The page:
Giannoulias Holds Small Lead

A new Rasmussen survey in Illinois finds Alexi Giannoulias (D) edging Rep. Mark Kirk (R) in the U.S. Senate race, 43% to 41%.

Economists Say Intervention Prevented a Depression

Two leading economists “wielding complex quantitative models” say they have proven that the federal government’s “sweeping interventions to prop up the economy since 2008 helped avert a second Depression,” the New York Timesreports.

In a new paper, they “argue that without the Wall Street bailout, the bank stress tests, the emergency lending and asset purchases by the Federal Reserve, and the Obama administration’s fiscal stimulus program, the nation’s gross domestic product would be about 6.5 percent lower this year. In addition, there would be about 8.5 million fewer jobs, on top of the more than 8 million already lost; and the economy would be experiencing deflation, instead of low inflation.”

Kentucky Republicans Think Beshear is Vulnerable

“A slew of Republicans are considering challenging Democratic Gov. Steve Beshear in next year’s race for governor even though he already has more than $2 million in his campaign coffers and the power of incumbency at his disposal,” the Lexington Herald Leader reports.

Republicans point to an internal poll last month that showed 37% did not think Beshear deserves re-election and 51% thought someone else should have a chance to be governor.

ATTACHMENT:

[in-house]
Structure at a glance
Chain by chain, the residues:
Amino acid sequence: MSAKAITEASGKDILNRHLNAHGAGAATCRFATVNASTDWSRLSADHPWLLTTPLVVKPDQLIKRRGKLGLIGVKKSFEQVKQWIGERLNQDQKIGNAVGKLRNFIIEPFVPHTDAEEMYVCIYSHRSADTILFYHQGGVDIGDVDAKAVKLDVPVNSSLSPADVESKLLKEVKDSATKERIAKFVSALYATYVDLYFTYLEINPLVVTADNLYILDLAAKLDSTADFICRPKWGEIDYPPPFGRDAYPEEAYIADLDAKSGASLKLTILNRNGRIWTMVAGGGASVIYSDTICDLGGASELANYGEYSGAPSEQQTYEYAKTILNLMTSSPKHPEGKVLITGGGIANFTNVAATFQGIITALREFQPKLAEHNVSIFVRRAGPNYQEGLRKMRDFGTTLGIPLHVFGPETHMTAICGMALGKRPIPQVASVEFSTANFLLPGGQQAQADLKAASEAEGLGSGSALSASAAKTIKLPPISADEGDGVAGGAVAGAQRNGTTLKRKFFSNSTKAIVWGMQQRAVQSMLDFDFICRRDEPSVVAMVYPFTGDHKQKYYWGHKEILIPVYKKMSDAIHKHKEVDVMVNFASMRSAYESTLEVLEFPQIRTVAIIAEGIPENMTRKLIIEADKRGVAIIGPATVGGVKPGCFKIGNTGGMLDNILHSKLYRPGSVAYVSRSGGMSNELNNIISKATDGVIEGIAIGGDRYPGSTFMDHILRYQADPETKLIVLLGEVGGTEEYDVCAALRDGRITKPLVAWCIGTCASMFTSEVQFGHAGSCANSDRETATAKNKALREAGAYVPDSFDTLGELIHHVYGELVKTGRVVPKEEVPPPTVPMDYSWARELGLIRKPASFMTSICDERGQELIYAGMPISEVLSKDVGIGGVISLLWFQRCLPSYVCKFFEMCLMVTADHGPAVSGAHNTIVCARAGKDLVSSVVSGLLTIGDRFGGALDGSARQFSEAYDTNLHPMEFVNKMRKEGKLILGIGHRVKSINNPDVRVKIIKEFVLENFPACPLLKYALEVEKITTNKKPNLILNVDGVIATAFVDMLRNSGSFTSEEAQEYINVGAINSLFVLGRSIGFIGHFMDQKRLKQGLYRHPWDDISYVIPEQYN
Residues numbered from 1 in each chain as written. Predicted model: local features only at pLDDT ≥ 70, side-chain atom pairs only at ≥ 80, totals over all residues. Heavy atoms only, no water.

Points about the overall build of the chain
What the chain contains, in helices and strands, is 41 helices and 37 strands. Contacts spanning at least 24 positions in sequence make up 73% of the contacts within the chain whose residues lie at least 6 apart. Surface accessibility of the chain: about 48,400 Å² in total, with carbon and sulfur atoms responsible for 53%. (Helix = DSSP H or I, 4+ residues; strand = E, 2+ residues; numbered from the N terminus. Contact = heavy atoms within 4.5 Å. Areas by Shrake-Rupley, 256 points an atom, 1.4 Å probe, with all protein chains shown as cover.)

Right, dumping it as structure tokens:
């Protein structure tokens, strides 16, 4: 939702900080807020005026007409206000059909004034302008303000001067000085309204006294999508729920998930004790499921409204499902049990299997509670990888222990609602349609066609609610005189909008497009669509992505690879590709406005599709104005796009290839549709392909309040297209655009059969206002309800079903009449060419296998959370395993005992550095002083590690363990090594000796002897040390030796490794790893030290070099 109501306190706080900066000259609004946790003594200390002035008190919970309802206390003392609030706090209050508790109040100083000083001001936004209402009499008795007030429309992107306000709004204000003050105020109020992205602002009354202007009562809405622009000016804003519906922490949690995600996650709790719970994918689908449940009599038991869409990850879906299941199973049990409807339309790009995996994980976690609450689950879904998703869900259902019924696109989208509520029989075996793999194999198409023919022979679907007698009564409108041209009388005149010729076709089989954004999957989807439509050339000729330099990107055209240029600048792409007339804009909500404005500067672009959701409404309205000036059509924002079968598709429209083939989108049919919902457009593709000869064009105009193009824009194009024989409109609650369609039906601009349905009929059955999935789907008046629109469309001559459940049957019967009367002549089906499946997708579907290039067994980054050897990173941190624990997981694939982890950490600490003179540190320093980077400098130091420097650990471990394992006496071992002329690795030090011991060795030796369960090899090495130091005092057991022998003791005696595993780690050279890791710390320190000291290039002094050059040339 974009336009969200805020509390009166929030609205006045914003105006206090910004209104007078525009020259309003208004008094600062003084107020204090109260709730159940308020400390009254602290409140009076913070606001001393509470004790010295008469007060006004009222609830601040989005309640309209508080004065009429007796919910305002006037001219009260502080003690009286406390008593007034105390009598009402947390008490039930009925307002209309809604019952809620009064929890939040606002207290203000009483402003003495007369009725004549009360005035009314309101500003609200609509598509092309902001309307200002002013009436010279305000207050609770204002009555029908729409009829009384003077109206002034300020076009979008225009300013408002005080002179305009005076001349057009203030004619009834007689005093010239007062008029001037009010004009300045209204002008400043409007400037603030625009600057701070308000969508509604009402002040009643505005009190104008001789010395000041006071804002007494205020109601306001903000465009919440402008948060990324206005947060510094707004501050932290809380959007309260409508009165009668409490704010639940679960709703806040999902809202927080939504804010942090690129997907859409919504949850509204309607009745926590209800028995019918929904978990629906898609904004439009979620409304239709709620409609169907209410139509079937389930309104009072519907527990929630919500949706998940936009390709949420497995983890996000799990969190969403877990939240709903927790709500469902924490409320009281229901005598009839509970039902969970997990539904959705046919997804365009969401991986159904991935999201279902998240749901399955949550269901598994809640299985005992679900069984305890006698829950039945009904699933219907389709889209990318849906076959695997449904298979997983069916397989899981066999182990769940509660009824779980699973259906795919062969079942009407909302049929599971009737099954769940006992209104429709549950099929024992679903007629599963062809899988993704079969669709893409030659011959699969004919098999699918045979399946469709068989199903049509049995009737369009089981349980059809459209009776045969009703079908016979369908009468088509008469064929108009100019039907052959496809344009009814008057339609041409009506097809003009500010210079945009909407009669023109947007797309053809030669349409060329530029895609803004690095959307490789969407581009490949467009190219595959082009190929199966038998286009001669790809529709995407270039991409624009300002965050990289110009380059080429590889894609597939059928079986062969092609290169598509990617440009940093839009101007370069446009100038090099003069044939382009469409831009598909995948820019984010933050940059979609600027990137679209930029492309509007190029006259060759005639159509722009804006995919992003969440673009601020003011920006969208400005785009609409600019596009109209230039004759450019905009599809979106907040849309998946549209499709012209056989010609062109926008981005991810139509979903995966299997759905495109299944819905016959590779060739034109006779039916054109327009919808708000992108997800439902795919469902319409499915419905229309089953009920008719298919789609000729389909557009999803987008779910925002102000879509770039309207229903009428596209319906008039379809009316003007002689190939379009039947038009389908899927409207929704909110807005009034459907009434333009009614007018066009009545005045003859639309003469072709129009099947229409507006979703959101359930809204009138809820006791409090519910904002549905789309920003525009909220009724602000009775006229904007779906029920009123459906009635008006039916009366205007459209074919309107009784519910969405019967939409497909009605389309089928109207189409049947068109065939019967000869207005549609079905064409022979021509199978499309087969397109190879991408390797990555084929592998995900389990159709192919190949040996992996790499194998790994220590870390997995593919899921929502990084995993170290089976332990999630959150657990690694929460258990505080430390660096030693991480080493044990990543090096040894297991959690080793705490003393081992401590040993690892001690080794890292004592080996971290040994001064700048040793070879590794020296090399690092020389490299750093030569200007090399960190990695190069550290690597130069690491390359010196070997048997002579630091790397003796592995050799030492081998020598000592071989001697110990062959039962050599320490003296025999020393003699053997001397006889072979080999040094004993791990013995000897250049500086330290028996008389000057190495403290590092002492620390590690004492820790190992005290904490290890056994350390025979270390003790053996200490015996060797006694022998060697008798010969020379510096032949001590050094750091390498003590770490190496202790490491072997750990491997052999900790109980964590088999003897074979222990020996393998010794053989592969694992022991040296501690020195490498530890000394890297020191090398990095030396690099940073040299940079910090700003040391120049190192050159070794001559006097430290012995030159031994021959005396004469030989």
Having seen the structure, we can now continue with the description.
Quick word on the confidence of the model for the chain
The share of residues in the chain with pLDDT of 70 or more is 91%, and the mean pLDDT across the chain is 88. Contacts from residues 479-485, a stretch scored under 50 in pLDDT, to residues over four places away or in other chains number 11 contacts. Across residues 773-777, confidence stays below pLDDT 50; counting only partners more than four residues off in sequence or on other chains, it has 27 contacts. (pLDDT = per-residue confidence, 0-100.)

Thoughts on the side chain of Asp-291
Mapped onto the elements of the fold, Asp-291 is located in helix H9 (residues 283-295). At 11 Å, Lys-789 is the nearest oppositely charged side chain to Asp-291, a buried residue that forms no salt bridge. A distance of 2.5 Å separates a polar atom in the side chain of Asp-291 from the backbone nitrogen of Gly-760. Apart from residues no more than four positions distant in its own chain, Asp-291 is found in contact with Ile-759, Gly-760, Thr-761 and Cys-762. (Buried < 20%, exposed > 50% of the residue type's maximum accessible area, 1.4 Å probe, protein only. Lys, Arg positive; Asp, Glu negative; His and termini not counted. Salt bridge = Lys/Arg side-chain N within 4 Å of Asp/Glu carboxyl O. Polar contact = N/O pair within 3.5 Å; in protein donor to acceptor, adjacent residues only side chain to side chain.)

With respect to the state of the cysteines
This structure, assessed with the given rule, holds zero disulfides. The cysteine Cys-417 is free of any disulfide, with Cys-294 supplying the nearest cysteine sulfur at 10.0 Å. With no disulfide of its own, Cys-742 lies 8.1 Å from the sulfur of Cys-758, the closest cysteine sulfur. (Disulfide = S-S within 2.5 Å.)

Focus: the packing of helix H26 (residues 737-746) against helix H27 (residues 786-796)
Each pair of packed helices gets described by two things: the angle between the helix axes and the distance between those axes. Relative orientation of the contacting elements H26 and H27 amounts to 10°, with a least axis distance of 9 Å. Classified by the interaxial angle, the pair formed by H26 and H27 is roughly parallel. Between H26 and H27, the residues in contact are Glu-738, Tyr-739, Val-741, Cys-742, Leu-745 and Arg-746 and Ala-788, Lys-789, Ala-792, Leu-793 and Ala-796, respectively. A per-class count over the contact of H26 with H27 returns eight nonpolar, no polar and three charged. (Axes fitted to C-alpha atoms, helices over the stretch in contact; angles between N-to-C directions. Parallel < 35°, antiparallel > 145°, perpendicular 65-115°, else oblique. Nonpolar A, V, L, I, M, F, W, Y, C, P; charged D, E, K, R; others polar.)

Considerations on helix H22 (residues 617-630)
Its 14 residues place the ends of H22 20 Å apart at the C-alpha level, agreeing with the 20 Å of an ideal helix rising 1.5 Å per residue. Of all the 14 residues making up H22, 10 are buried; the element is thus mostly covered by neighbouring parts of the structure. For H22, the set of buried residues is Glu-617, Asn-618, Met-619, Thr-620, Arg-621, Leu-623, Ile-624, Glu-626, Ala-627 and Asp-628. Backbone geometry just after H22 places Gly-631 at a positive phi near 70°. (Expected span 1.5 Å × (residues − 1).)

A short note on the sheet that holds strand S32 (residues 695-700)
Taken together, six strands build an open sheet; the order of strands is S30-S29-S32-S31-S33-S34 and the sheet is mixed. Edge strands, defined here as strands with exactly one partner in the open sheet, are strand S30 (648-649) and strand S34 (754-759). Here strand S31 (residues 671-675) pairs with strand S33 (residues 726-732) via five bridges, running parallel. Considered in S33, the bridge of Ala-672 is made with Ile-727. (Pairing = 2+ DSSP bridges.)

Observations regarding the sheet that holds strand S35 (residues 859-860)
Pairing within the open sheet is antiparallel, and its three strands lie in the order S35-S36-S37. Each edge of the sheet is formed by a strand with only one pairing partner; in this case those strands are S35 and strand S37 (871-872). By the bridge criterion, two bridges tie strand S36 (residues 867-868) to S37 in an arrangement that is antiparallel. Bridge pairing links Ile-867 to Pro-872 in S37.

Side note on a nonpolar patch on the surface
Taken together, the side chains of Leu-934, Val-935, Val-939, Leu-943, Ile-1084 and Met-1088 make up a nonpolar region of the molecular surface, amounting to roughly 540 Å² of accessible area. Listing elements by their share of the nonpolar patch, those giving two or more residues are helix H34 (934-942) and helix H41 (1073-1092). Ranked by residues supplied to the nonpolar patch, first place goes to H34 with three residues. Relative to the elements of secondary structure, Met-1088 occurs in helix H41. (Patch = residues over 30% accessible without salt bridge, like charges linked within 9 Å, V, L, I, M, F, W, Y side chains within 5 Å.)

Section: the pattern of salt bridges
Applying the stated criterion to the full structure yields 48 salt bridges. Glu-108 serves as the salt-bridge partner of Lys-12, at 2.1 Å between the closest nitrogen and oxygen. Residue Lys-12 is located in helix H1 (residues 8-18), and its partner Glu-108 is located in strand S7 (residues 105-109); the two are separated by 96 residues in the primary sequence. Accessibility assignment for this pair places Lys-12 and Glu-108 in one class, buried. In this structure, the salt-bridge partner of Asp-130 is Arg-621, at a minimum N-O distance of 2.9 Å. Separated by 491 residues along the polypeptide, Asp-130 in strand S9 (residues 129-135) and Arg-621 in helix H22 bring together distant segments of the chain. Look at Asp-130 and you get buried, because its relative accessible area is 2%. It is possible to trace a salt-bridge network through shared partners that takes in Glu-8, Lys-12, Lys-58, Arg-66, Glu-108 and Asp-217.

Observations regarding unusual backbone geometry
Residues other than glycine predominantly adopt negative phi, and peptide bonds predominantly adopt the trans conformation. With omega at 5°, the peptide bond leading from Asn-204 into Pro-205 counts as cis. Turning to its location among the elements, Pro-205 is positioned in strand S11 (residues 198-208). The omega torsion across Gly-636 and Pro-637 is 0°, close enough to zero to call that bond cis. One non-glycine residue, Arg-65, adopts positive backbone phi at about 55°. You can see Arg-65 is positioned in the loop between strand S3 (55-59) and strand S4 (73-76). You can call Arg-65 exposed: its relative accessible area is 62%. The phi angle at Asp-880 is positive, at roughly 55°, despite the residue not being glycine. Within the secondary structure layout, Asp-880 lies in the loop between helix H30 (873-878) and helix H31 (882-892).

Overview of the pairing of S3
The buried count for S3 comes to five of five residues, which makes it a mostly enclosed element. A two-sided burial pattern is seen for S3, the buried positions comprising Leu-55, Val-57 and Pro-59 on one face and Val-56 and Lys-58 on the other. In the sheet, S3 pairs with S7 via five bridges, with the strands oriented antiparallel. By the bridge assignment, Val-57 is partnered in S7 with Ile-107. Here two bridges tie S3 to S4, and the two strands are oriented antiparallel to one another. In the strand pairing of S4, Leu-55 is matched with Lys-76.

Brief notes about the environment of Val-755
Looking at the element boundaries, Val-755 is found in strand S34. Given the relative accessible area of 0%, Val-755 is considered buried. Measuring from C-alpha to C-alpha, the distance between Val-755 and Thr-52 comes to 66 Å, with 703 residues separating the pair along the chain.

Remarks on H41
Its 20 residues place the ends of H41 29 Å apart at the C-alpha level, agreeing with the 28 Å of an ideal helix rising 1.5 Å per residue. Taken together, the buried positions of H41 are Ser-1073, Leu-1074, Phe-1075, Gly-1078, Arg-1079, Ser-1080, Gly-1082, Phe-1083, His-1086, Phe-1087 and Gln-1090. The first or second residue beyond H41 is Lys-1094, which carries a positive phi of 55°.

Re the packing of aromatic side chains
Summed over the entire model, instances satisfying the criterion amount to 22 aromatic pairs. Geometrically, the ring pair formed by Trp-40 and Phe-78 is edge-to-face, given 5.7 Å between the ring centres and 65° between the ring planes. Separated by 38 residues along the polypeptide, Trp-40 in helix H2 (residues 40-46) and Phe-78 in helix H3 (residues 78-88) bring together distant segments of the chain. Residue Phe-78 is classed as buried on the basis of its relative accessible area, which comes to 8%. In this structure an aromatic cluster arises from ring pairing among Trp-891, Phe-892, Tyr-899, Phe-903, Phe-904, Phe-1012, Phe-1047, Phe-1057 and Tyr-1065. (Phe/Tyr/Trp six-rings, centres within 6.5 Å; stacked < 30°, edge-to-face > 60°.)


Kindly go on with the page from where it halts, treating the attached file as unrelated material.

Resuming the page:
Democrats Unveil GOP’s “Contract on America”

As party of their summer strategy, Democrats put out the Republican Tea Party Contract on America, which highlights what they believe will happen if Republicans win back control of Congress in this fall’s elections.

The effort also includes a 30-second television ad and a website that expands on each of the 10 items in the contract.

Whitman Closes Gap with Brown

A new Public Policy Polling survey in California shows Jerry Brown (D) leading Meg Whitman (R) by six points, 46% to 40%. In May, Brown led by 12 points.

“Casting a shadow over Whitman’s campaign is Arnold Schwarzenegger’s continuing status as the least popular Governor in the country. 71% of voters in the state disapprove of the job he’s doing and only 19% give him good marks. Generally when you have an outgoing Governor that strongly disliked you’re not going to be inclined to replace him with another person in the same party.”

Bottom line: “The trend is good for Whitman but with atrocious favorability numbers in a strongly Democratic state she still has an uphill battle to win this election.”

Cuomo Still Way Ahead for Governor